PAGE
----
BOSTON, JAN. 11 -- The nation's top banking regulator sought to reassure New England governors about their troubled banks today and called for creating a special new fund, drawing on public and private capital, to shore up weak banks before they fail.
L. William Seidman, chairman of the Federal Deposit Insurance Corp., also promised during a meeting with the six regional governors that he would explore ways to ease the region's credit crunch and prevent the problems of the banks from damaging the New England economy.
Seidman also used the meeting to promote a banking industry plan that is rapidly gaining favor in Washington: pumping money into troubled banks to keep them from going broke.
The proposal is similar to what the government did to keep banks in business during the Great Depression, when an agency called the Reconstruction Finance Corp. was set up to buy stock in ailing banks.
Several variations on the plan are being discussed by congressional, administration and banking industry leaders as a way to take some of the burden of bank failures off the FDIC. The cost of cleaning up 800 bank failures in the last four years is rapidly depleting the FDIC fund.
Even under optimistic economic forecasts, the FDIC will have only $4 billion left by the end of this year. If the recession proves to be worse than expected, the FDIC could run out of money, forcing the taxpayers to start picking up the tab for bank failures.
To avoid the need for a taxpayer bailout of the FDIC, Seidman said the banking industry and the government should set up a fund to invest capital in troubled banks. The money would make up for losses the banks have suffered on bad loans, enabling them to remain in business.
Leading advocates of the plan include the Association of Bank Holding Companies, a trade group headed by President Bush's old college roommate, former U.S. representative Thomas (Lud) Ashley. Ashley said the proposals have gained support rapidly in the last few weeks and still are evolving as officials suggest ways to bolster the banking system.
The basic idea, according to Ashley, is to require all banks to pledge a small amount -- perhaps one-half of 1 percent of their assets -- to invest in troubled banks. The investment fund would be administered by the FDIC, which would decide which banks might be saved with an investment of new capital and which ones would be taken over.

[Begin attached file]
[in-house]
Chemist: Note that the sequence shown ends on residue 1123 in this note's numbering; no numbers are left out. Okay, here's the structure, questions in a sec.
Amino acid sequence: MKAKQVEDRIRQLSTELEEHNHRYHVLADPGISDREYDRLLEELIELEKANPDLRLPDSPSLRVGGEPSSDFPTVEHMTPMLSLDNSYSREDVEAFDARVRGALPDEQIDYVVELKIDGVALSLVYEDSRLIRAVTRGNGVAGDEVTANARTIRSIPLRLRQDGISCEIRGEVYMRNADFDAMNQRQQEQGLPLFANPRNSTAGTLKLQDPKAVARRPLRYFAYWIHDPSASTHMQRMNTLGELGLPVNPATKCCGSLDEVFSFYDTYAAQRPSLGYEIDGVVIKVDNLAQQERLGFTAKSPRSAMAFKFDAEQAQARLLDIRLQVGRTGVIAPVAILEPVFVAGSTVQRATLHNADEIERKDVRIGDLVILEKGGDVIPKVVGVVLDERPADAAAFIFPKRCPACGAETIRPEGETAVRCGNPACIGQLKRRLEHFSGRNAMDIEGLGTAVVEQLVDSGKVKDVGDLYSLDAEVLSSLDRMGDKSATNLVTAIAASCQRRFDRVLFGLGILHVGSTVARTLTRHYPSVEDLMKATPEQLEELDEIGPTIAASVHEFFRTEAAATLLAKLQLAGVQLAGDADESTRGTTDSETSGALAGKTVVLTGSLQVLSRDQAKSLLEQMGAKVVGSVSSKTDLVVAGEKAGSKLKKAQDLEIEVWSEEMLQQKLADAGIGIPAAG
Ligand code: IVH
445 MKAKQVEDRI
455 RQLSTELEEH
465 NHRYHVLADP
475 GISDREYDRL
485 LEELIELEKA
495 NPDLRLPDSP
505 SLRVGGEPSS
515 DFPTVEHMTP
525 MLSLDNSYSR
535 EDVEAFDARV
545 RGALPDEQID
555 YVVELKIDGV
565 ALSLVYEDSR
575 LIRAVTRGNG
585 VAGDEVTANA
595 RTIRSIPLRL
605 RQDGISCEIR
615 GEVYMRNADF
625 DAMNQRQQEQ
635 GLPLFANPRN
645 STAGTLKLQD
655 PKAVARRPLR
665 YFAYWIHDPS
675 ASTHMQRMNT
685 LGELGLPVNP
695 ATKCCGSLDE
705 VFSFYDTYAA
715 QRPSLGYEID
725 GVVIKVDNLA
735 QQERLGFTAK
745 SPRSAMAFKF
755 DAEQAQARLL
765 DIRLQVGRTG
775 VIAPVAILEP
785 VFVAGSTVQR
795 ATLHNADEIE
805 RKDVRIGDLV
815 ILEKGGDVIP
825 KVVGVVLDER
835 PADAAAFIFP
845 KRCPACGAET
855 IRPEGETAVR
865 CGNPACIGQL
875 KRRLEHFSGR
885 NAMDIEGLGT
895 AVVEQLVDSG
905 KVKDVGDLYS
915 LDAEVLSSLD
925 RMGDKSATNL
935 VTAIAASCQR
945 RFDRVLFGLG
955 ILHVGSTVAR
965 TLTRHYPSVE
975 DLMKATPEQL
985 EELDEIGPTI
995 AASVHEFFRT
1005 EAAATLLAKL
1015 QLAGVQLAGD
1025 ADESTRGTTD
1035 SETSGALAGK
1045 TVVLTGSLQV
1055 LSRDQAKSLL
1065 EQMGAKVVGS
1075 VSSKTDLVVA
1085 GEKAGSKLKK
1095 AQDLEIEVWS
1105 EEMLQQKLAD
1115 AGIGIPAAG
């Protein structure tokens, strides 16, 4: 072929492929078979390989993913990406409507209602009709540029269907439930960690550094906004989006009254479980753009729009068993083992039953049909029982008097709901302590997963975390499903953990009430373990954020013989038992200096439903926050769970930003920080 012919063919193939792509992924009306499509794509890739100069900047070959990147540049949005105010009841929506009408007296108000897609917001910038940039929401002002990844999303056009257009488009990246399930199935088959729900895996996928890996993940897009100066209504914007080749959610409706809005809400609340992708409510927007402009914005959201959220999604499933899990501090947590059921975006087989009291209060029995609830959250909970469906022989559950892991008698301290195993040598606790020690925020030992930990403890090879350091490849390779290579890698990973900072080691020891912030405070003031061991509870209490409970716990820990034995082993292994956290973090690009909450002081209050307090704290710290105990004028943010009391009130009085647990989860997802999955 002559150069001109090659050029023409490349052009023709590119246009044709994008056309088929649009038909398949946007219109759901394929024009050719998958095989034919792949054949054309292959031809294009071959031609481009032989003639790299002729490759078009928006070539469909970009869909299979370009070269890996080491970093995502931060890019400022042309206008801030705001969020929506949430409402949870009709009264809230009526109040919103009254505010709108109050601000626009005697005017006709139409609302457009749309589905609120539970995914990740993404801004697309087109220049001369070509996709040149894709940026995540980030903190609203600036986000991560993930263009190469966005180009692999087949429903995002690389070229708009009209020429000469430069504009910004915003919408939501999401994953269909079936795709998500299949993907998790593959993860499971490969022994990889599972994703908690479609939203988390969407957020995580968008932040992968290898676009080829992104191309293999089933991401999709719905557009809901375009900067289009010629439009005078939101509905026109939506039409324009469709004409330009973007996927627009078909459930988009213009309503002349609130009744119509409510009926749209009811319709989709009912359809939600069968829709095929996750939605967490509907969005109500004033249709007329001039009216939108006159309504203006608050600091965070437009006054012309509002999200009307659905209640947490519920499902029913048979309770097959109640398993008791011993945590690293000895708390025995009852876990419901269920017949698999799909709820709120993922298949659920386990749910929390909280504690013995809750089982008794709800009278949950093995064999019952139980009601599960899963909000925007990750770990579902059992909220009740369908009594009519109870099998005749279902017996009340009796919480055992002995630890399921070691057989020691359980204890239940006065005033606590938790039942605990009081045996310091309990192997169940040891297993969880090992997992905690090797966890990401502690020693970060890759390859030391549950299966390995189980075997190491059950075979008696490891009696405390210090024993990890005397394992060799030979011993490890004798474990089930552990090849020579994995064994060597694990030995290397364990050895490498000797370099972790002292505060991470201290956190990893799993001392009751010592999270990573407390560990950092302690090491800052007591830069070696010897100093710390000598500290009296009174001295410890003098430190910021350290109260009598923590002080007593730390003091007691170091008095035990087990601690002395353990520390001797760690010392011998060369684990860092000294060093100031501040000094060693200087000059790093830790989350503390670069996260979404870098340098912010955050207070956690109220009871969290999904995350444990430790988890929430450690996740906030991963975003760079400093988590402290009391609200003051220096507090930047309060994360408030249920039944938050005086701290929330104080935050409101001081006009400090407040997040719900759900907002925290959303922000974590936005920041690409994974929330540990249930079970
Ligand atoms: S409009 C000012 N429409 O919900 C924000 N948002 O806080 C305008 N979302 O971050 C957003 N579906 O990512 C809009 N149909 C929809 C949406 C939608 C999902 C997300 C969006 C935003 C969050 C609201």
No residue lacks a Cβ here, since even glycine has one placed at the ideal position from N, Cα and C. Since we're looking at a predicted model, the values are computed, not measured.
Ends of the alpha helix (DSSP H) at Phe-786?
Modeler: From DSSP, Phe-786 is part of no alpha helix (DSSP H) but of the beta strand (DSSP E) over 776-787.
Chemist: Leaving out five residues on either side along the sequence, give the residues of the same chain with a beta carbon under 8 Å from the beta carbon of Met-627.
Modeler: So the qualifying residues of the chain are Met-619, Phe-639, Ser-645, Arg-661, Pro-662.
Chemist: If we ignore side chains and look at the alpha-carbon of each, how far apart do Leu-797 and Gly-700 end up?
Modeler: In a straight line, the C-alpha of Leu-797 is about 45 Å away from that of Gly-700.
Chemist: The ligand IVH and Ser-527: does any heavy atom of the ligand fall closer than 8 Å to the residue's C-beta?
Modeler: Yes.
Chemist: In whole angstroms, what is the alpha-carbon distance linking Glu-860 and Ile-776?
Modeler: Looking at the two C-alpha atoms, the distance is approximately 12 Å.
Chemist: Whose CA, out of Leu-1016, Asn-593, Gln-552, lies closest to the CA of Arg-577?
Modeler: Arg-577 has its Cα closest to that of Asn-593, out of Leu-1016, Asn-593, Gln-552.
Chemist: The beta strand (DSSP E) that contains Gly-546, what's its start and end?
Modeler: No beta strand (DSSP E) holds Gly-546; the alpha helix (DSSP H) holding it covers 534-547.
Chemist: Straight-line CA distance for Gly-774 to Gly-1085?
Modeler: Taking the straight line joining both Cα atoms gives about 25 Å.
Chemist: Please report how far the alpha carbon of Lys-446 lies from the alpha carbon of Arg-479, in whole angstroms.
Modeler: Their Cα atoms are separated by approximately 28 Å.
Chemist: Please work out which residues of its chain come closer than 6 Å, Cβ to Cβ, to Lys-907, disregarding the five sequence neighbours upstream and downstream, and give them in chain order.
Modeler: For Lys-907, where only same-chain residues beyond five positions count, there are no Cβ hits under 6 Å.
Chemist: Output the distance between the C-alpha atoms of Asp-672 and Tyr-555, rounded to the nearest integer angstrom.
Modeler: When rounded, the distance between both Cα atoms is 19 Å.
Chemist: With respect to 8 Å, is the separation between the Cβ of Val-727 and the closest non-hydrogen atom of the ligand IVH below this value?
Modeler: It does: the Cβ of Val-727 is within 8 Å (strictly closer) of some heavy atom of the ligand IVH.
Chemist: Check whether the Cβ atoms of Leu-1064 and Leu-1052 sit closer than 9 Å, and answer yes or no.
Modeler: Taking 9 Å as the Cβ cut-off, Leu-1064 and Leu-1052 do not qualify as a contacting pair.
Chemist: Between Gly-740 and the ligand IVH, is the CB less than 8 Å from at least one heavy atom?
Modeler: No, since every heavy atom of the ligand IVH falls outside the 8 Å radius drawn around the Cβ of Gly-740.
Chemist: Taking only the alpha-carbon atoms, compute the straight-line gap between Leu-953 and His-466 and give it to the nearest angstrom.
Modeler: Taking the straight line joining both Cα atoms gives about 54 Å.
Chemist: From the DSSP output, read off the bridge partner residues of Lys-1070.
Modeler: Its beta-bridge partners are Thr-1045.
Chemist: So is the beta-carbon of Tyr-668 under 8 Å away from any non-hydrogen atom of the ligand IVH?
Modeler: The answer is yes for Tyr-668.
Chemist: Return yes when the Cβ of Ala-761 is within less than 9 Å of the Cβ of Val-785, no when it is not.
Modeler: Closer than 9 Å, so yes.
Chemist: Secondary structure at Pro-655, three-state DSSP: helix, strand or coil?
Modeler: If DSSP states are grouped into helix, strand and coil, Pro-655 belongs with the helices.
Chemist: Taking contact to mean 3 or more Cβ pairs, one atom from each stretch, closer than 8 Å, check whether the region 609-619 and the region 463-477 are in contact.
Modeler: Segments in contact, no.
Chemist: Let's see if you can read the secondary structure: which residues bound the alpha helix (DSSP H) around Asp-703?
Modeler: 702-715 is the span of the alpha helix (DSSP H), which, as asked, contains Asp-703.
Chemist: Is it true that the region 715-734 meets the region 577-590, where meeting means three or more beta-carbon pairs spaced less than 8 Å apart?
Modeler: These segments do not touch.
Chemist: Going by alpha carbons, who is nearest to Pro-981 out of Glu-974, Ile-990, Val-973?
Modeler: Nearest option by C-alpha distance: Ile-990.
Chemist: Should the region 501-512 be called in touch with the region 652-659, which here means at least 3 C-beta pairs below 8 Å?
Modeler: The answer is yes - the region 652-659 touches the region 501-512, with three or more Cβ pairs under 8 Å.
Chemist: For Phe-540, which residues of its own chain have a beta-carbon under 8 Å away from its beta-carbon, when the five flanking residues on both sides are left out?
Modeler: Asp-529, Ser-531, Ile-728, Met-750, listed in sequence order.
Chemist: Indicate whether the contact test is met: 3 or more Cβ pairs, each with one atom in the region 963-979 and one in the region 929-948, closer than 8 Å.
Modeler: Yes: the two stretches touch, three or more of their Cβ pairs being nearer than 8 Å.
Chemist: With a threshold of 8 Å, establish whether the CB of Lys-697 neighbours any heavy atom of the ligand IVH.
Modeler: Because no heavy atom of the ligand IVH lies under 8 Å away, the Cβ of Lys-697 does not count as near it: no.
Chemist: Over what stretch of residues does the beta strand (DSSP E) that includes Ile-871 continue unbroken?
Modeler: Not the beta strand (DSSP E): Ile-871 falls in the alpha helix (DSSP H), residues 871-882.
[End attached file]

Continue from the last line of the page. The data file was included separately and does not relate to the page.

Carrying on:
Seidman has been floating the idea that the FDIC might provide part of the cash to invest in troubled banks. He said it would be cheaper to put a small amount of new capital into a troubled bank than to let it go broke and dump all its troubles on the FDIC.
That strategy would represent a fundamental change in the mission of the FDIC. The agency now is dedicated to protecting depositors, but it would be bailing out bank owners under the new approach.
In yesterday's sessions, the plan drew favorable responses from the New England governors, who met amid the gloom of a regional economic recession and banking crisis.
"It's an idea I like in concept," said Massachusetts Gov. William Weld. Weld, the host for the meeting, said the idea was appealing because such a fund would be stronger than either the public sector or private sector working alone.
Seidman told the governors there are several healthy banks interested in buying the Bank of New England, which was taken over by the FDIC last Sunday. Seidman met earlier in the day with Lawrence Fish, who was installed by regulators as president of Bank of New England last year and is continuing to run it.
The governors expressed unanimous support for Seidman's handling of the Bank of New England, but they lobbied hard for increasing commercial lending in the region. New Hampshire Gov. Judd Gregg has been among those complaining loudest about a scarcity of credit.
Seidman said the need for more credit was "obvious" and acknowledged that some bank regulators, reacting to the excesses of the 1980s, have been "overzealous," prompting bankers to become overly cautious about making loans.
Connecticut Gov. Lowell Weicker praised Seidman for his expertise and swiftness, saying: "He is not the problem; he is trying to treat the symptoms."
Also in attendance at the meeting in Weld's office were governors Bruce Sundlun of Rhode Island, John McKernan of Maine and Richard Snelling of Vermont.
Staff writer Jerry Knight contributed to this report from Washington.